Mortgage Rate Recap and Outlook For Week Ending June 15, 2018
After trending down for the last two weeks, mortgage rates increased over the previous week and could continue that trend.
This week saw the Federal Reserve raising not only the Fed Funds rate, but also the Prime Credit rate, and the Reserve Balance rate. In comments by the Federal Reserve Chairman, Jerome Powell, a hawkish shift from the Fed is apparent. Based on robust economic data, healthy rate of job growth and increased consumer spending, the Fed feels the potential to increase rates again in 2018 is likely.
The increase in Retail Sales is especially notable with numbers coming in at 0.8%, 100% above expectations of 0.4%. This is the highest surge in eight months. It’s also noteworthy that the number of individuals unemployed and looking for work is currently less than the actual number of jobs available.
The fear of trade wars with the coming tariffs has created an increase in Import prices, like steel and aluminum, which reflects the amount of hoarding going on in anticipation of trade wars. Despite robust economic health, many businesses are holding back on investing in growth and development due to the fear of potential trade wars.
This fear is one of the factors keeping rates from increasing to the level that should be rising to given the recent high economic data, rising interest rates, and a hawkish Fed. The other factor is that the US is still buying mortgage-backed securities, which is helping to keep pricing artificially low.
Overall, there is nothing to suggest that the market will be swinging back to bring us lower interest rates in the foreseeable future – if ever.
Mortgage Rates Worsened
This candlestick chart below covers the past weeks’ Mortgage Backed Securities (MBS) activity and the impact on interest rates. Rates worsened, as seen in the candlestick chart. MBS directly impact mortgage rates, and the days with red indicate higher and green lower rates.
This week’s Mortgage Banking Associations’ (MBA) weekly rate survey shows effective rates increased for all loan products with an 80% loan-to-value.
Per the MBA weekly survey: “The average contract interest rate for 30-year fixed-rate mortgages with conforming loan balances ($453,100 or less) increased to 4.83 percent from 4.75 percent, with points increasing to 0.53 from 0.46 (including the origination fee.)”
1 point in cost = 1% of the loan amount
“The average contract interest rate for 30-year fixed-rate mortgages with jumbo loan balances (greater than $453,100) increased to 4.74 percent from 4.70 percent, with points increasing to 0.37 from 0.35 (including the origination fee.)”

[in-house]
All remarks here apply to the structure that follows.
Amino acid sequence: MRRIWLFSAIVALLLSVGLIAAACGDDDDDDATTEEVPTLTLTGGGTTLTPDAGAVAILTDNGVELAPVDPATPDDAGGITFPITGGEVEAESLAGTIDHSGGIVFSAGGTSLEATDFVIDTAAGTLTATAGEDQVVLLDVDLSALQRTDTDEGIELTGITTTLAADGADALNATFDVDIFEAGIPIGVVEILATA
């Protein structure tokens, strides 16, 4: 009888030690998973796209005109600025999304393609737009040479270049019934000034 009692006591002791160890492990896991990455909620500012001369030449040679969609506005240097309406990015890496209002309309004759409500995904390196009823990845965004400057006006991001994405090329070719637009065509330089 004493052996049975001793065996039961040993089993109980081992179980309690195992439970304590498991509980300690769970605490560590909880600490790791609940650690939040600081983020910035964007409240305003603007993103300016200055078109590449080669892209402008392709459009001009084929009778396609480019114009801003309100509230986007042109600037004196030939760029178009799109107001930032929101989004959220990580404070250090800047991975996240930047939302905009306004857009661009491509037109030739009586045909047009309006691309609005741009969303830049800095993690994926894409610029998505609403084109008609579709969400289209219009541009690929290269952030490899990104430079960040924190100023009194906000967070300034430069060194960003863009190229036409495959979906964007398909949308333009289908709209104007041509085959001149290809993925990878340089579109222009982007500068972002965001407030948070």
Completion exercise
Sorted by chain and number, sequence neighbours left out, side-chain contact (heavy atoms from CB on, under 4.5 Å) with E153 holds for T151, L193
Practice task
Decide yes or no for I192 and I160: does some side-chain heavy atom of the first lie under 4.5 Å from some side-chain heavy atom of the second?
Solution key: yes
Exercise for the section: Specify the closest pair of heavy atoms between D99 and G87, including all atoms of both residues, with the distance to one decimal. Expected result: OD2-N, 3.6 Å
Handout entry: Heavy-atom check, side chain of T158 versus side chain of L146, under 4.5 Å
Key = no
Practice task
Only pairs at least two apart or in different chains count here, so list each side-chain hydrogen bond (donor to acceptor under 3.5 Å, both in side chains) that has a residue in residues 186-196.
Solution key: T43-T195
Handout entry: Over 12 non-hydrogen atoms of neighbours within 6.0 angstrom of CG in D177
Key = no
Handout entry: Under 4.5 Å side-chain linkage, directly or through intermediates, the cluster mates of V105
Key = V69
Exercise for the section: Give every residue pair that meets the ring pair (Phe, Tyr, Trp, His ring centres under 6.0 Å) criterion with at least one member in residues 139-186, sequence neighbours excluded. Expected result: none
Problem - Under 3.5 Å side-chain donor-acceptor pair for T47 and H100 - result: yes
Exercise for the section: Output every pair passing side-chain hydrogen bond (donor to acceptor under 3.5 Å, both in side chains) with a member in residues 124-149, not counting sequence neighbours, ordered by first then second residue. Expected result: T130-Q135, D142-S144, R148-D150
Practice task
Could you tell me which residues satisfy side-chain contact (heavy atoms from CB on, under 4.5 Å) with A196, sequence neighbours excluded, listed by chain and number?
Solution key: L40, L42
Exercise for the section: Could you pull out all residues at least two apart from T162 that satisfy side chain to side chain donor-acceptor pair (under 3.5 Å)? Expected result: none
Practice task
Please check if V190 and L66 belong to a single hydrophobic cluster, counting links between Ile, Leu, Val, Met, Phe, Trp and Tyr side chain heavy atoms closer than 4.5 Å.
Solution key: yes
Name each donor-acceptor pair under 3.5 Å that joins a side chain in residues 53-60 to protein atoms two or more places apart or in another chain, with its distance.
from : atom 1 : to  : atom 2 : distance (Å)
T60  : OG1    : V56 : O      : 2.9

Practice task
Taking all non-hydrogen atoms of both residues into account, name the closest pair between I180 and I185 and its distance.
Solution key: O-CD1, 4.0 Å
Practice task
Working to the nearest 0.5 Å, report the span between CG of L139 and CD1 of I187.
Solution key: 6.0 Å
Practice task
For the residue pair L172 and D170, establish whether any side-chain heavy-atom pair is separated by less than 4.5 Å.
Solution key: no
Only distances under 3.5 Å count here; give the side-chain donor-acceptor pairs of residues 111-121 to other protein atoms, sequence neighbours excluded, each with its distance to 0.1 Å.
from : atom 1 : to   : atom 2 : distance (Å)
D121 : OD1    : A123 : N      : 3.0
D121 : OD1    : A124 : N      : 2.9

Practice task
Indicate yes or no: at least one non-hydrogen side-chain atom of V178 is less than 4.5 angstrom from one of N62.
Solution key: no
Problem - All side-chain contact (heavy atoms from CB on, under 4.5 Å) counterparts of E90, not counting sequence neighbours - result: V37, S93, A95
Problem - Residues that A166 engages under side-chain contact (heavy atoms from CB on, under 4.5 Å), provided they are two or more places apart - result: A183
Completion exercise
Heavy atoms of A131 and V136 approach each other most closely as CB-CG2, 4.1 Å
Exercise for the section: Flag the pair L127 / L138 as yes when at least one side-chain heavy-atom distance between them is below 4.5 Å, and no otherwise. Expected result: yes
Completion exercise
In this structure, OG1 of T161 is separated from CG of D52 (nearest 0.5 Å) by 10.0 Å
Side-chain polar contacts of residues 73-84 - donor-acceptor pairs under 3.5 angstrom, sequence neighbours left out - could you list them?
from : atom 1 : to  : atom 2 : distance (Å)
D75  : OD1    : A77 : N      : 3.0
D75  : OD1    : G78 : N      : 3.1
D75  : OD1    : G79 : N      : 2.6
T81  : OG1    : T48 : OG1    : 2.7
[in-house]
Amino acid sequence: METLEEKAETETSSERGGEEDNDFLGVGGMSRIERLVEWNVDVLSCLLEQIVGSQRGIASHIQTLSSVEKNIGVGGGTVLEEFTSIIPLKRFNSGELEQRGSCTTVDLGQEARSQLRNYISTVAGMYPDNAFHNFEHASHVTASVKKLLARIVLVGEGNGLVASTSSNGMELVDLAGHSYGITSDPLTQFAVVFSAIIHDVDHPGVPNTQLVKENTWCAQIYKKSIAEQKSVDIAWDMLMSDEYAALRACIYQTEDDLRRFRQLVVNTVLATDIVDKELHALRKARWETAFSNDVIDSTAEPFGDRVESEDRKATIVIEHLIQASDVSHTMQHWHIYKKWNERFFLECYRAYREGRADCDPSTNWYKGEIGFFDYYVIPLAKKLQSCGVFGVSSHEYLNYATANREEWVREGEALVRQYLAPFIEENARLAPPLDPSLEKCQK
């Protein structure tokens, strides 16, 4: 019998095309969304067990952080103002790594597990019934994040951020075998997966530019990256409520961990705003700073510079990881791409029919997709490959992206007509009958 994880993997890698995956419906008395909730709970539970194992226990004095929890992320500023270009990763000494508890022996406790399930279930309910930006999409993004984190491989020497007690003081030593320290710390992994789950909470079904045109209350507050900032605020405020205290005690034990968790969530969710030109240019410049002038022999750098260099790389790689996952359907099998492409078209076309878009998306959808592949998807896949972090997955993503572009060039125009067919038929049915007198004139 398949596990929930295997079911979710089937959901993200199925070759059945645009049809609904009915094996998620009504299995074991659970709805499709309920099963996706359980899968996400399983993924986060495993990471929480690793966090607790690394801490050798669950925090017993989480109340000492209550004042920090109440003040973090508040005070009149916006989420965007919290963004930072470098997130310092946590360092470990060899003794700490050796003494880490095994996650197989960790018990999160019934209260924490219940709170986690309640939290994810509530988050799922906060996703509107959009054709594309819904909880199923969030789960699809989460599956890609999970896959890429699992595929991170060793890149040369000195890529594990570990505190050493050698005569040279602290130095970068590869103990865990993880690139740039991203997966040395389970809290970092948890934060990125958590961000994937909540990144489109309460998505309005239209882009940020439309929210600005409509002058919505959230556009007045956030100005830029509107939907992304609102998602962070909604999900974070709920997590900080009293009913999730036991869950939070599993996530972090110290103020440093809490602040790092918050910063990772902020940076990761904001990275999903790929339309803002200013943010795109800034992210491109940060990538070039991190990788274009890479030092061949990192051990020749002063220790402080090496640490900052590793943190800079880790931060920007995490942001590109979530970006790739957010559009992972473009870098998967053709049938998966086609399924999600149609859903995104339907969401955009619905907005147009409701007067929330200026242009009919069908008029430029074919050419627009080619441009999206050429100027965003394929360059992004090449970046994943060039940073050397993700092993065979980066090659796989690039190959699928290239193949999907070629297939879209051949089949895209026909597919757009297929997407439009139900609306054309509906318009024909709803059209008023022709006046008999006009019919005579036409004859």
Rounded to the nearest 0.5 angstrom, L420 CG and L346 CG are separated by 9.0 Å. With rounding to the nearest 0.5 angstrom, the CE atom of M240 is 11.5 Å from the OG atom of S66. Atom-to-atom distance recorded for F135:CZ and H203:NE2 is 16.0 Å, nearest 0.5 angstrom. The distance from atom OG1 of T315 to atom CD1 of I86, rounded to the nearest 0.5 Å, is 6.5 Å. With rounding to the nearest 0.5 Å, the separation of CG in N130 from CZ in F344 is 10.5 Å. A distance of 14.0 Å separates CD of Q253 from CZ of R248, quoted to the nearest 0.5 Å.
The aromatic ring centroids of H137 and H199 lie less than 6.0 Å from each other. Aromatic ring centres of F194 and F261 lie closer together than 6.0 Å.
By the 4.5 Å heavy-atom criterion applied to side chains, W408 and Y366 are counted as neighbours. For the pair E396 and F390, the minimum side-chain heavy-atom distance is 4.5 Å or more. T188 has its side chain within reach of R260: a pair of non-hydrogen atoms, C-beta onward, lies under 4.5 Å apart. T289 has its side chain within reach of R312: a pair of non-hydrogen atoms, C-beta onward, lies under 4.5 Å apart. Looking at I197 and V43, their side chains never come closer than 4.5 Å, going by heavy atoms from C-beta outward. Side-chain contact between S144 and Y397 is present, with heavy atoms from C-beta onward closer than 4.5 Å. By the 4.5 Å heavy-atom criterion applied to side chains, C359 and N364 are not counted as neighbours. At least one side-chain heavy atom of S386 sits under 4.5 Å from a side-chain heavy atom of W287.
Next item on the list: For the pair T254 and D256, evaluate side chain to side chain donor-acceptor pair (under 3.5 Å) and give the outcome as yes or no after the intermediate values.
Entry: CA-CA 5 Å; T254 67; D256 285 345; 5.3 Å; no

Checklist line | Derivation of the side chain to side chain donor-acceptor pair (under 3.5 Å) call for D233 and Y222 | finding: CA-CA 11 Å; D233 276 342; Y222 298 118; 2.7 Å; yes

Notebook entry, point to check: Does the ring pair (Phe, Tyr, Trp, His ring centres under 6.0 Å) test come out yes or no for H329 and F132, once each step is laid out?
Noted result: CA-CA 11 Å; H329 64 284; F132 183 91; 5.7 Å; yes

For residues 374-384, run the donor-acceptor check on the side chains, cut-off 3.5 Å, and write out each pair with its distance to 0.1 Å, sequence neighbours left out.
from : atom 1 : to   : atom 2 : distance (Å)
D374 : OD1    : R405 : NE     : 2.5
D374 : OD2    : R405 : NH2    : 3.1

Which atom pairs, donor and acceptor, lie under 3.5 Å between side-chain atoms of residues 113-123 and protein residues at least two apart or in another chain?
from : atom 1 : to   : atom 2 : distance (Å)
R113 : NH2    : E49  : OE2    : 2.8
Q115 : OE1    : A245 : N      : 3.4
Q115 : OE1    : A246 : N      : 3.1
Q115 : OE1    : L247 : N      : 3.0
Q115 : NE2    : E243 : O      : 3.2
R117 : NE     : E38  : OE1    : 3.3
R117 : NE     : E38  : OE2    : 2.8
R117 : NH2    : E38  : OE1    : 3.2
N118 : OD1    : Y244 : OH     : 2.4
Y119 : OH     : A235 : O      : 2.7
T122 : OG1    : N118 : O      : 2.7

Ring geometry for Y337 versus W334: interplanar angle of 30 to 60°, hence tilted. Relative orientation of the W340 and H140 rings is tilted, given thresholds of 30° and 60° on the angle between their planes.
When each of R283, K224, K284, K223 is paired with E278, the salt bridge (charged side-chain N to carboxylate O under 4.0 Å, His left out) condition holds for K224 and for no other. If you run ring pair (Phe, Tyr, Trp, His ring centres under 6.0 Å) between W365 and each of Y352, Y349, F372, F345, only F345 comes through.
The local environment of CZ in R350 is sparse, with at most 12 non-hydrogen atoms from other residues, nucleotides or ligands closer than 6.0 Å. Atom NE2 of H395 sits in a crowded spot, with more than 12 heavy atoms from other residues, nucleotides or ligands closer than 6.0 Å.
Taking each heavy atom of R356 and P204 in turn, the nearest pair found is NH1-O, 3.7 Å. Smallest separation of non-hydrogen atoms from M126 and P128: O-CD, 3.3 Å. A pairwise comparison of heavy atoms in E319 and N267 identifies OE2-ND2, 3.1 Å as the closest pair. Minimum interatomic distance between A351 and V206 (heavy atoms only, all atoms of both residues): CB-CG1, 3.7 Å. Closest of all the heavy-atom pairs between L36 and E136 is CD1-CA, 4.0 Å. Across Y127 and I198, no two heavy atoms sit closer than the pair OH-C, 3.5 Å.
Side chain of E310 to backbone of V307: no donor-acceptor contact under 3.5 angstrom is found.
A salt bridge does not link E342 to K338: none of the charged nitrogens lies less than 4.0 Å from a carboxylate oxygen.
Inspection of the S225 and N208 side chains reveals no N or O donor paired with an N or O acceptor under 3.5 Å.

“The average contract interest rate for 15-year fixed-rate mortgages increased to 4.23 percent from 4.21 percent, with points increasing to 0.51 from 0.50 (including the origination fee.)”
“The average contract interest rate for 5/1 ARMs increased to 4.11 percent from 4.08 percent, with points increasing to 0.56 from 0.41 (including the origination fee.)”
Mortgage Rates Next Week
Bankrate’s weekly survey of mortgage and economic experts, countrywide, shows a split of 27% predicting interest rates will fall this coming week (plus or minus two basis points), and 27% predicting they will remain unchanged. The majority (45%), however, expect interest rates to increase next week.
My prediction for rates this week, as quoted in the Bankrate report, “As expected, the Fed increased the rates by 0.25 percent today. Minutes from their last meeting indicates that the labor market has continued to strengthen and that economic activity has been rising at a moderate to solid rate. Recent data also suggest that growth of household spending has picked up, while business-fixed investment has continued to grow strongly. All of this is good news for the economy and bad news for inflation; both of which usually results in higher mortgage rates for the borrowers.”
The chart below, from Freddie Mac’s weekly mortgage survey, shows conforming rates increasing over the last week, June 8th to June 14th, for 30Y fixed, 15Y fixed and the 5/1 ARM.
In Freddie Mac’s weekly mortgage survey it was noted that “After declining for two straight weeks, mortgage rates reversed direction this week and rose to their second highest level this year.
The 30-year fixed-rate mortgage climbed eight basis points to 4.62 percent, and the Federal Reserve Board on Wednesday raised the federal funds rate by 25 basis points.
The good news is that the impact of rising rates on consumer budgets will be smaller than past rate hike cycles. That is because a much smaller segment of mortgage loans in today’s market is pegged to short-term rate movements. The adjustable-rate mortgage (ARM) share of outstanding loans is a lot smaller now – 8 percent versus 31 percent – than during the Fed’s last round of tightening between 2004 and 2006.”
Highly recommend locking in a rate now if you are purchasing or refinancing. Any number of economic triggers could continue to move interest rates higher and today’s levels will look like a bargain.